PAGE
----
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Cymbeline: Act V, Scene 5

Cymbeline
Act V, Scene 5

Cymbeline’s tent.

  1. Enter Cymbeline, Belarius, Guiderius, Arviragus, Pisanio,
  2. and Lords, Officers, and Attendants.

Cymbeline

1 - 7
  1. Stand by my side, you whom the gods have made
  2. Preservers of my throne. Woe is my heart
  3. That the poor soldier that so richly fought,
  4. Whose rags sham’d gilded arms, whose naked breast
  5. Stepp’d before targes of proof, cannot be found.
  6. He shall be happy that can find him, if
  7. Our grace can make him so.

Belarius

8 - 11
  1.                            I never saw
  2. Such noble fury in so poor a thing;
  3. Such precious deeds in one that promis’d nought
  4. But beggary and poor looks.

Cymbeline

12
  1.                             No tidings of him?

Pisanio

13 - 14
  1. He hath been search’d among the dead and living;
  2. But no trace of him.

Cymbeline

15 - 20
  1.                      To my grief, I am
  2. The heir of his reward,
  3. to Belarius, Guiderius, and Arviragus
  4.                         which I will add
  5. To you, the liver, heart, and brain of Britain,
  6. By whom, I grant, she lives. ’Tis now the time
  7. To ask of whence you are. Report it.

Belarius

21 - 24
  1.                                      Sir,
  2. In Cambria are we born, and gentlemen.
  3. Further to boast were neither true nor modest,
  4. Unless I add, we are honest.

Cymbeline

25 - 31
  1.                              Bow your knees.
  2. Arise my knights o’ th’ battle. I create you
  3. Companions to our person, and will fit you
  4. With dignities becoming your estates.
  5. Enter Cornelius and Ladies.
  6. There’s business in these faces. Why so sadly
  7. Greet you our victory? You look like Romans,
  8. And not o’ th’ court of Britain.

Cornelius

32 - 34
  1.                                  Hail, great King!
  2. To sour your happiness, I must report
  3. The Queen is dead.

Cymbeline

35 - 38
  1.                    Who worse than a physician
  2. Would this report become? But I consider,
  3. By med’cine life may be prolong’d, yet death
  4. Will seize the doctor too. How ended she?

Cornelius

39 - 44
  1. With horror, madly dying, like her life,
  2. Which (being cruel to the world) concluded
  3. Most cruel to herself. What she confess’d
  4. I will report, so please you. These her women
  5. Can trip me, if I err, who with wet cheeks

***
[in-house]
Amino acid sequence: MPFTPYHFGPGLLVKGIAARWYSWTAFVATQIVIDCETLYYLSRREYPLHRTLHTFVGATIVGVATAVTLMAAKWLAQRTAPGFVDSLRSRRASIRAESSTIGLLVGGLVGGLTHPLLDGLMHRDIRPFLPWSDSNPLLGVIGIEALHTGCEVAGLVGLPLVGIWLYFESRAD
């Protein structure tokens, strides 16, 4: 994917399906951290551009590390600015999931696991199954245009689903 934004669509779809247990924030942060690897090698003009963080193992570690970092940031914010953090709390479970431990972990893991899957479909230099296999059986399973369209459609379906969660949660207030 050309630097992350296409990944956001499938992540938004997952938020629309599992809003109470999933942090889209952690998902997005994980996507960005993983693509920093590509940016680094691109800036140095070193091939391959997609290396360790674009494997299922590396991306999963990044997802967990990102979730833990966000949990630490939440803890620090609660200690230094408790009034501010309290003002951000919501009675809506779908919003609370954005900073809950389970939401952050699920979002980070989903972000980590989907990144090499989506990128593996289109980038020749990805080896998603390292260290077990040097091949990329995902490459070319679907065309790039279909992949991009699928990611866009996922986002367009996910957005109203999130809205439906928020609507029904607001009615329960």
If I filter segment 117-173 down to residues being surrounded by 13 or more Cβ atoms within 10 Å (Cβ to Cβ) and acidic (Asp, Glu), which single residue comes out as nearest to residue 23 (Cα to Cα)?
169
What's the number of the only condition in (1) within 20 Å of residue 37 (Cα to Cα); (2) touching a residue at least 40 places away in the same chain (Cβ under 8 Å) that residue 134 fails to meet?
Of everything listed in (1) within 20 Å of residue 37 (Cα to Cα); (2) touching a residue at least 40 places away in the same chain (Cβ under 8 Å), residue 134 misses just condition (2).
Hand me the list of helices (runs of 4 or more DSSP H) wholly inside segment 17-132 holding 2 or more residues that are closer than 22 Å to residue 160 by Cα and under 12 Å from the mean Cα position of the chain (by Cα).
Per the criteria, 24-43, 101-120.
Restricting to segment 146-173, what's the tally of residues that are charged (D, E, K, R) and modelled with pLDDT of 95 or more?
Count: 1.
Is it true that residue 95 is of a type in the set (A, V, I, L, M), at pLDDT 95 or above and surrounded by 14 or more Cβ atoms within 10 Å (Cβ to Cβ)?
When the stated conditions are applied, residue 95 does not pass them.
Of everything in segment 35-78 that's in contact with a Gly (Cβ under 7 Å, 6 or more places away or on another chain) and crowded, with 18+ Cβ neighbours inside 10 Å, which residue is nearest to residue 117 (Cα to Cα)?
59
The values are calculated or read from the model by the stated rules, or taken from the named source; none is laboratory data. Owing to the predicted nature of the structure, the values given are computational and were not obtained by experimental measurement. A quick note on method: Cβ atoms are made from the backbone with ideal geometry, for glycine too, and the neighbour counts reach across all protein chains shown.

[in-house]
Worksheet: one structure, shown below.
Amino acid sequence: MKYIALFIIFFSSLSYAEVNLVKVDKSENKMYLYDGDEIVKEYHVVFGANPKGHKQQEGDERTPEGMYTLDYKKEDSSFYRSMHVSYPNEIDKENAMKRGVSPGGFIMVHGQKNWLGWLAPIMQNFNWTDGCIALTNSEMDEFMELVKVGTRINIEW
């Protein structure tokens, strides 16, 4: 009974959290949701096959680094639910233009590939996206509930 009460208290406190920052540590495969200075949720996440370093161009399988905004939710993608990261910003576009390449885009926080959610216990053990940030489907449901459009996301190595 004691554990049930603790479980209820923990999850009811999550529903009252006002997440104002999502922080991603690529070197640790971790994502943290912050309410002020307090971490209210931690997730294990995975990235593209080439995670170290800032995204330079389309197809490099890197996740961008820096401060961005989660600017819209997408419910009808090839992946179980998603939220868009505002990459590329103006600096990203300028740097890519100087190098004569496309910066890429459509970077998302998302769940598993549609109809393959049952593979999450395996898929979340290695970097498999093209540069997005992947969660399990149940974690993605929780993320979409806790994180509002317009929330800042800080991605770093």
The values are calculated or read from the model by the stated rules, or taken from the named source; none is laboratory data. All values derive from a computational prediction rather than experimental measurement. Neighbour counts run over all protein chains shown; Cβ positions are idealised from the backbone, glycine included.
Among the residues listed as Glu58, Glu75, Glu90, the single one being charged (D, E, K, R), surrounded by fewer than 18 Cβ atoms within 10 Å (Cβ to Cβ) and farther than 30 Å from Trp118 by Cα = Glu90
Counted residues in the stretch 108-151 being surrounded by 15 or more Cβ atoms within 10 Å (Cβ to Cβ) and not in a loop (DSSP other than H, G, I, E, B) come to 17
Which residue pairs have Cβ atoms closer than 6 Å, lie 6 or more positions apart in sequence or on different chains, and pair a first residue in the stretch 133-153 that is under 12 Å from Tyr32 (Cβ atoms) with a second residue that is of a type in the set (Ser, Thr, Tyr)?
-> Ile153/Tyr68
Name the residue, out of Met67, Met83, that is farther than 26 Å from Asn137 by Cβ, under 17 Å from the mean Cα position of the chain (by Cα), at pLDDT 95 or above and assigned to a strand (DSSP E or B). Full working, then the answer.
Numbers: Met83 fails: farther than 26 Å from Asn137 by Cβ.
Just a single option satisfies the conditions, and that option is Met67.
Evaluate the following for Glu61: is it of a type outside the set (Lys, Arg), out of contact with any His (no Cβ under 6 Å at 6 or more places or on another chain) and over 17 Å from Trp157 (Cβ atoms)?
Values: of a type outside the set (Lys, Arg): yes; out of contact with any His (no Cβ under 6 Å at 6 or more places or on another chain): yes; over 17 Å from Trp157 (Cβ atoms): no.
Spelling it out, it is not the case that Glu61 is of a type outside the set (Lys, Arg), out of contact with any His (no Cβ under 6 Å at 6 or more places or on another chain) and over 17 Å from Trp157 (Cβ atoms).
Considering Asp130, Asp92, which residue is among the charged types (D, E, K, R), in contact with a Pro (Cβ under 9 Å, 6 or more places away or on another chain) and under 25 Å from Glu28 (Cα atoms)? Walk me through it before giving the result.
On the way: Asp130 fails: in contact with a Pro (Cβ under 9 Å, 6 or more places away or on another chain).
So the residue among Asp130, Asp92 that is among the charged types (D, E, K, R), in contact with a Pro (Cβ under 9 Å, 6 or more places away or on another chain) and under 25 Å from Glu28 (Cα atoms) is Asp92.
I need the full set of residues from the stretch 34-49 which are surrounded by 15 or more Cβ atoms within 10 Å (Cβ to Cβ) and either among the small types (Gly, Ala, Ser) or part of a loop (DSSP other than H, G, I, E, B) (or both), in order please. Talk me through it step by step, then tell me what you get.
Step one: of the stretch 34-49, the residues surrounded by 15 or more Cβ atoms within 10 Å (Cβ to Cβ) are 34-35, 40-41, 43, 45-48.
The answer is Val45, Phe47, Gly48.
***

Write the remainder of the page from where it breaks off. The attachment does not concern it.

6. Were present when she finish’d.

Cymbeline

45
  1.                                 Prithee say.

Cornelius

46 - 49
  1. First, she confess’d she never lov’d you; only
  2. Affected greatness got by you, not you;
  3. Married your royalty, was wife to your place,
  4. Abhorr’d your person.

Cymbeline

50 - 52
  1.                       She alone knew this;
  2. And but she spoke it dying, I would not
  3. Believe her lips in opening it. Proceed.

Cornelius

53 - 57
  1. Your daughter, whom she bore in hand to love
  2. With such integrity, she did confess
  3. Was as a scorpion to her sight, whose life,
  4. But that her flight prevented it, she had
  5. Ta’en off by poison.

Cymbeline

58 - 59
  1.                      O most delicate fiend!
  2. Who is’t can read a woman? Is there more?

Cornelius

60 - 72
  1. More, sir, and worse. She did confess she had
  2. For you a mortal mineral, which, being took,
  3. Should by the minute feed on life, and ling’ring,
  4. By inches waste you. In which time she purpos’d,
  5. By watching, weeping, tendance, kissing, to
  6. O’ercome you with her show, and in time
  7. (When she had fitted you with her craft) to work
  8. Her son into th’ adoption of the crown;
  9. But failing of her end by his strange absence,
  10. Grew shameless desperate; open’d (in despite
  11. Of heaven and men) her purposes; repented
  12. The evils she hatch’d were not effected; so
  13. Despairing died.

Cymbeline

73
  1.                  Heard you all this, her women?

Ladies

74
  1. We did, so please your Highness.

Cymbeline

75 - 87
  1.                                  Mine eyes
  2. Were not in fault, for she was beautiful;
  3. Mine ears, that heard her flattery, nor my heart,
  4. That thought her like her seeming. It had been vicious
  5. To have mistrusted her; yet, O my daughter,